I note Government efforts to address the unemployment crisis with urgency by introducing the Targeted Intervention Program for Employment and Economic Growth (TIPEEG) and providing necessary funds for the implementation of the programme. However I am concerned by the fact that, despite the extensive budget allocated to the programme, it has already encountered implementation problems due to institutional and capacity constraints. The implementation rate of the programme currently stands at only 38%. I am also concerned by the fact that most of the implementation to date has concentrated on infrastructure development through public works programmes. These programmes will generate only a limited number of sustainable jobs and will not address the needs of the un-skilled labour force and sustenance farmers. I was also concerned to learn that the programme has not been designed with the participation of its intended beneficiaries nor with a gender perspective, and does not address the specific challenges to employment faced by women. Given that women’s unemployment rate exceeds that of their male counterparts in almost all age groups, this failing must be addressed.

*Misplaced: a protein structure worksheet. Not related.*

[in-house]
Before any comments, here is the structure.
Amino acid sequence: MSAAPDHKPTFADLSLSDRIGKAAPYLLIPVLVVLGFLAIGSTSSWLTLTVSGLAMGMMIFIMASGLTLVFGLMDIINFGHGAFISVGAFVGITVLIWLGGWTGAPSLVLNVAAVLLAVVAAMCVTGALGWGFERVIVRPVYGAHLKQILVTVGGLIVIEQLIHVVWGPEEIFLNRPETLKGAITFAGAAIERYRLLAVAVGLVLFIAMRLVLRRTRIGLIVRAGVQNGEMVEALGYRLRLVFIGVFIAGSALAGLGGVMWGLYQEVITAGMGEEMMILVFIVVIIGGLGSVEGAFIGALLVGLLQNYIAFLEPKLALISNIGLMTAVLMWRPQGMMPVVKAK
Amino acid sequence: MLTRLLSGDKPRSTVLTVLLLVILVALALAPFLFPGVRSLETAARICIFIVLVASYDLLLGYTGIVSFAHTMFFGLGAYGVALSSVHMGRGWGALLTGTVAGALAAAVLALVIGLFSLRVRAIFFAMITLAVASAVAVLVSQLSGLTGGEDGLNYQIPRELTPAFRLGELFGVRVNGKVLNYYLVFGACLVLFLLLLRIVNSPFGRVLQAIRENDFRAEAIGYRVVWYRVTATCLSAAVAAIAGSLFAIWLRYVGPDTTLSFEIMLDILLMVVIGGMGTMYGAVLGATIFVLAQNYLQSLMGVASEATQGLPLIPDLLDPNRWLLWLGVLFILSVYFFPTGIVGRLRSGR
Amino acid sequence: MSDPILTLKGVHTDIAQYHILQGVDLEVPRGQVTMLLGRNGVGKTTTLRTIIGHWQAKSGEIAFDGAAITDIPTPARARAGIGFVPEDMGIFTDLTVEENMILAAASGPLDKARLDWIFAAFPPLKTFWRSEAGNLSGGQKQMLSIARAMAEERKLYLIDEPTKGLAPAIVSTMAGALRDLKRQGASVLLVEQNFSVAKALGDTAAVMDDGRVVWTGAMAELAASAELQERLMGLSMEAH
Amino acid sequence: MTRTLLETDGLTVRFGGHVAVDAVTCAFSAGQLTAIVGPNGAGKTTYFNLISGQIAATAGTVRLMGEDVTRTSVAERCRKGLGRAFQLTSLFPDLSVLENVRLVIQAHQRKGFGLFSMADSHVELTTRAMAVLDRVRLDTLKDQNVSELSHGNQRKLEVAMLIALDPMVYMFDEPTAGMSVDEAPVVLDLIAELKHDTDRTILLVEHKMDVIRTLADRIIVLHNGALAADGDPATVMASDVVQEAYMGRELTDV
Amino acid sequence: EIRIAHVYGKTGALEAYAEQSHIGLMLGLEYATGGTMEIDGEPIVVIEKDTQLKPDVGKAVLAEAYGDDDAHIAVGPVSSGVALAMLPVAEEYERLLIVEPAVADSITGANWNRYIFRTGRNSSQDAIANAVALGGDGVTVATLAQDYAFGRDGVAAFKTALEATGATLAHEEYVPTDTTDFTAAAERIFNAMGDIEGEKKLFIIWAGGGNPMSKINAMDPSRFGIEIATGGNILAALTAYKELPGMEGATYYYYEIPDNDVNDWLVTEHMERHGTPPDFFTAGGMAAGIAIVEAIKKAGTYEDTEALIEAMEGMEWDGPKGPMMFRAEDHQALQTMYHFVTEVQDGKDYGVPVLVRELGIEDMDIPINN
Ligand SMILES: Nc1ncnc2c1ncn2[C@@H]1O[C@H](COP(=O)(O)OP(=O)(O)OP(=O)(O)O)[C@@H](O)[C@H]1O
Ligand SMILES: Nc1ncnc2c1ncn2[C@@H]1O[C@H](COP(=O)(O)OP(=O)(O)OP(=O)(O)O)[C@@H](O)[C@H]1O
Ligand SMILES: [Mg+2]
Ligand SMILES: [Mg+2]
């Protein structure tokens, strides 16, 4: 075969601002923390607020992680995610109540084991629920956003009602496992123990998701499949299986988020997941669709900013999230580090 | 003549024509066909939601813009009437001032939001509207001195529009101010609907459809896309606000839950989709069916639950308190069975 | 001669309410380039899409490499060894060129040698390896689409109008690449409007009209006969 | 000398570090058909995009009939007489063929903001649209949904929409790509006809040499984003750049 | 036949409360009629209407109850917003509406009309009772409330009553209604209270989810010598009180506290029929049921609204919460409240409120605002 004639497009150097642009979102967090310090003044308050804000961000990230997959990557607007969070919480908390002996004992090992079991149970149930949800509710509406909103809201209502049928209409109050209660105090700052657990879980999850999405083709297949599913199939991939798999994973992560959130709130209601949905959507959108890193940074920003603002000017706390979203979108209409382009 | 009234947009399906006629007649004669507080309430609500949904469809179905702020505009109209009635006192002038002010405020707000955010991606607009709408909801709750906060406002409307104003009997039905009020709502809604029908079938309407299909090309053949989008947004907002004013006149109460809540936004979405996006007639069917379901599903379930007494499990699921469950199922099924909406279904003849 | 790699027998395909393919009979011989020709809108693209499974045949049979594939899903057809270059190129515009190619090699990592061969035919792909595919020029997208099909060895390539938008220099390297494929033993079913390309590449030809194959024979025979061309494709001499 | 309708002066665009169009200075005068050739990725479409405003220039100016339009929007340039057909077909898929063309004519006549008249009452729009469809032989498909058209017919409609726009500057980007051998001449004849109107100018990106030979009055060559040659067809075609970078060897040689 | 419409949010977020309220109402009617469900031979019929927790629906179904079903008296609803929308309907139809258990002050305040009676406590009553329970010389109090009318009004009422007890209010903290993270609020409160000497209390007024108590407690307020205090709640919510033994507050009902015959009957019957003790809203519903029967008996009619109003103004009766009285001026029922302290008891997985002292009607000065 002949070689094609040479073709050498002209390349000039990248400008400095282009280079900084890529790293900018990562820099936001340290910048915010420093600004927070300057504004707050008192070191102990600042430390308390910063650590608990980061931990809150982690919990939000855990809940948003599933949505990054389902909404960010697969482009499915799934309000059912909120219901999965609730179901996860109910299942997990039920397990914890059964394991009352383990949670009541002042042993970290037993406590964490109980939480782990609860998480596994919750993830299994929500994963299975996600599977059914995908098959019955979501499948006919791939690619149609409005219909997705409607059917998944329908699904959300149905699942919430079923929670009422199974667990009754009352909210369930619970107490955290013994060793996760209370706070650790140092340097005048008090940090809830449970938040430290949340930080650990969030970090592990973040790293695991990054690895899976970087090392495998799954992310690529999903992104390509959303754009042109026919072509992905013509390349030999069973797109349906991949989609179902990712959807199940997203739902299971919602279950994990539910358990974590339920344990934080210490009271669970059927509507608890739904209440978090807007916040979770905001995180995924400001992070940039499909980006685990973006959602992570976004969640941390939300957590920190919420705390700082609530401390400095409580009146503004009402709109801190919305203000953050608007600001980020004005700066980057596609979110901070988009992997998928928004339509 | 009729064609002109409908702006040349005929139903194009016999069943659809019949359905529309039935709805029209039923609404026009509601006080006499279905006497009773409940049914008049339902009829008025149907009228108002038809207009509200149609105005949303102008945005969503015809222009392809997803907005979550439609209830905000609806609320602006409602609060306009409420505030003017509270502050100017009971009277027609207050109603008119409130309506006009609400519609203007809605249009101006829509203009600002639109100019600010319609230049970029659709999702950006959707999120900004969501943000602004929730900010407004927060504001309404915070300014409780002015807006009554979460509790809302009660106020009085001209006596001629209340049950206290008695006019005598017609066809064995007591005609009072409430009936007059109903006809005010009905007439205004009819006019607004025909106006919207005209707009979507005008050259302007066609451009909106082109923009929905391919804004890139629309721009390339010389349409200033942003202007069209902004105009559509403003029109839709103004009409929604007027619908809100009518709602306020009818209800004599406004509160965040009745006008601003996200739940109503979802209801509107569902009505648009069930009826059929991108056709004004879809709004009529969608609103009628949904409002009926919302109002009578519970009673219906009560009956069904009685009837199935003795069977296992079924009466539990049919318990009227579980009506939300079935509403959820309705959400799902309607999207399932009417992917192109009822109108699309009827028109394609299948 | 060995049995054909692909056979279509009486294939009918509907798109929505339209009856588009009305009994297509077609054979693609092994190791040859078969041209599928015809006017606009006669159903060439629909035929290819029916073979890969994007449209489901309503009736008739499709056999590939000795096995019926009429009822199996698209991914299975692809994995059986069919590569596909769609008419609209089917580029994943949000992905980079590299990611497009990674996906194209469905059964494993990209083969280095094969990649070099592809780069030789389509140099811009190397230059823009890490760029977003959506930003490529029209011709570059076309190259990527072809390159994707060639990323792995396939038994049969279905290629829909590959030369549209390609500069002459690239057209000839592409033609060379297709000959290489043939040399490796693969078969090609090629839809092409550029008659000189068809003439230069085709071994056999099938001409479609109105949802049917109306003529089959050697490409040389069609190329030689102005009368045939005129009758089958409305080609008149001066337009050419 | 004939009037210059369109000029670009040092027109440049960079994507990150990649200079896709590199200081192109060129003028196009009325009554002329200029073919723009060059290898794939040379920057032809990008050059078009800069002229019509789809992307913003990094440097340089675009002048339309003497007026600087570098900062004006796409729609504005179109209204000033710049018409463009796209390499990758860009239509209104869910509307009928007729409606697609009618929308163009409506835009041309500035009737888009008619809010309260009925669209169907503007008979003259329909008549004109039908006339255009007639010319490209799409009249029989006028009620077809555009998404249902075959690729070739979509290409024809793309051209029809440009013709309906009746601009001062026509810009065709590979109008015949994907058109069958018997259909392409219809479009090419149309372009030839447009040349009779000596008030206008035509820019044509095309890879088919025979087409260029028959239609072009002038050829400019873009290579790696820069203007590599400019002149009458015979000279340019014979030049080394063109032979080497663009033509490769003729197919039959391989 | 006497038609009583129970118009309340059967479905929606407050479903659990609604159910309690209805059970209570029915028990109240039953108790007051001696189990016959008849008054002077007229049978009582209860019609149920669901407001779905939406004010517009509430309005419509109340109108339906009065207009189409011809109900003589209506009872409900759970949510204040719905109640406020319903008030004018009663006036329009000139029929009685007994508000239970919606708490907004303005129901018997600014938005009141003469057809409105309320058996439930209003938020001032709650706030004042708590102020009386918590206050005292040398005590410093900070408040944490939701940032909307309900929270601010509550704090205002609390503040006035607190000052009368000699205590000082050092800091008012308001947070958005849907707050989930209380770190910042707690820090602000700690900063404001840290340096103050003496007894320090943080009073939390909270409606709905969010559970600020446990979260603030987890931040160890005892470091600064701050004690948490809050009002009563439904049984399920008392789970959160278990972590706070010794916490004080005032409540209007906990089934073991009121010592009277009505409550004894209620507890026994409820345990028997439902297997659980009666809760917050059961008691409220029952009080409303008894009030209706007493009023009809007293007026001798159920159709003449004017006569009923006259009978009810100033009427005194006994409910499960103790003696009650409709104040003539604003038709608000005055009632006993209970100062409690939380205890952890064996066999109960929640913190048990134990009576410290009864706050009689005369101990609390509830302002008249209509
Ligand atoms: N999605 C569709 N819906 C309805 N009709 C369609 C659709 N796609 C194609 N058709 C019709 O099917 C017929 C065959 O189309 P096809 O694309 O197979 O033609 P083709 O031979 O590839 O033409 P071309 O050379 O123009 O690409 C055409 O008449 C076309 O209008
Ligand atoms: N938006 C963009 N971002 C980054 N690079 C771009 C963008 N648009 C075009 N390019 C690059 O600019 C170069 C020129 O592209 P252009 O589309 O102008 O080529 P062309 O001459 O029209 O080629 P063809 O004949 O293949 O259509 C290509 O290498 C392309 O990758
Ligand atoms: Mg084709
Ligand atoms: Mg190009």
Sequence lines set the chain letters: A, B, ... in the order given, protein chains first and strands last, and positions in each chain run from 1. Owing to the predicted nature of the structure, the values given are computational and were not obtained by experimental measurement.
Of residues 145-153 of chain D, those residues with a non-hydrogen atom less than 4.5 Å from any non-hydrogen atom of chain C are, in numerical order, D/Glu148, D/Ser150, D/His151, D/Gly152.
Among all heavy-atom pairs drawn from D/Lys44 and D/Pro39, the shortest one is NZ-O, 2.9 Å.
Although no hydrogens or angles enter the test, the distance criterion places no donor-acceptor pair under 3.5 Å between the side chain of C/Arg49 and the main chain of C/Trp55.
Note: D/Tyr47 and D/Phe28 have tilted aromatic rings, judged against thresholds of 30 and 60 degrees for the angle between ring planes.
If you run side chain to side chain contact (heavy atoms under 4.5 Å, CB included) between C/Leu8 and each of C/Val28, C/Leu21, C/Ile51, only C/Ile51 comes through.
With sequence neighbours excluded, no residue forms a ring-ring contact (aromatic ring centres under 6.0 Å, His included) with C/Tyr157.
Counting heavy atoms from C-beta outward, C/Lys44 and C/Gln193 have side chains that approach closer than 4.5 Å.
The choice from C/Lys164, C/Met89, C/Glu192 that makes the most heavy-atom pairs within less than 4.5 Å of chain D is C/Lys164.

Employment is not only a prerequisite for sustainable growth, but also for social stability and effective democracy. Moreover, the right to work and rights at work are essential rights for the poor. I therefore call on the Government to reassess its unemployment reduction policies after a broad consultation process with a diverse spread of Namibian society.

Employment generation policies must target the specific needs of groups most severely affected by unemployment such as women, youth, people living in rural areas and indigenous peoples. These policies must be designed to overcome the specific barriers that impede their access to decent and sustainable work.

Access to land and right to adequate housing
Given that most Namibians live in rural areas and depend on subsistence farming, access to land is a precondition for poverty reduction. While I acknowledge that at independence Namibia had massive levels of land dispossession affectinh the black majority, land reform has been a slow and ineffective process. While the need to support the poor by improving access to land is articulated in many official documents, the role of land reform in poverty reduction has not been successful. Since the original land reform programme the allocation of land seems not to have been among the Government’s priorities in poverty alleviation efforts.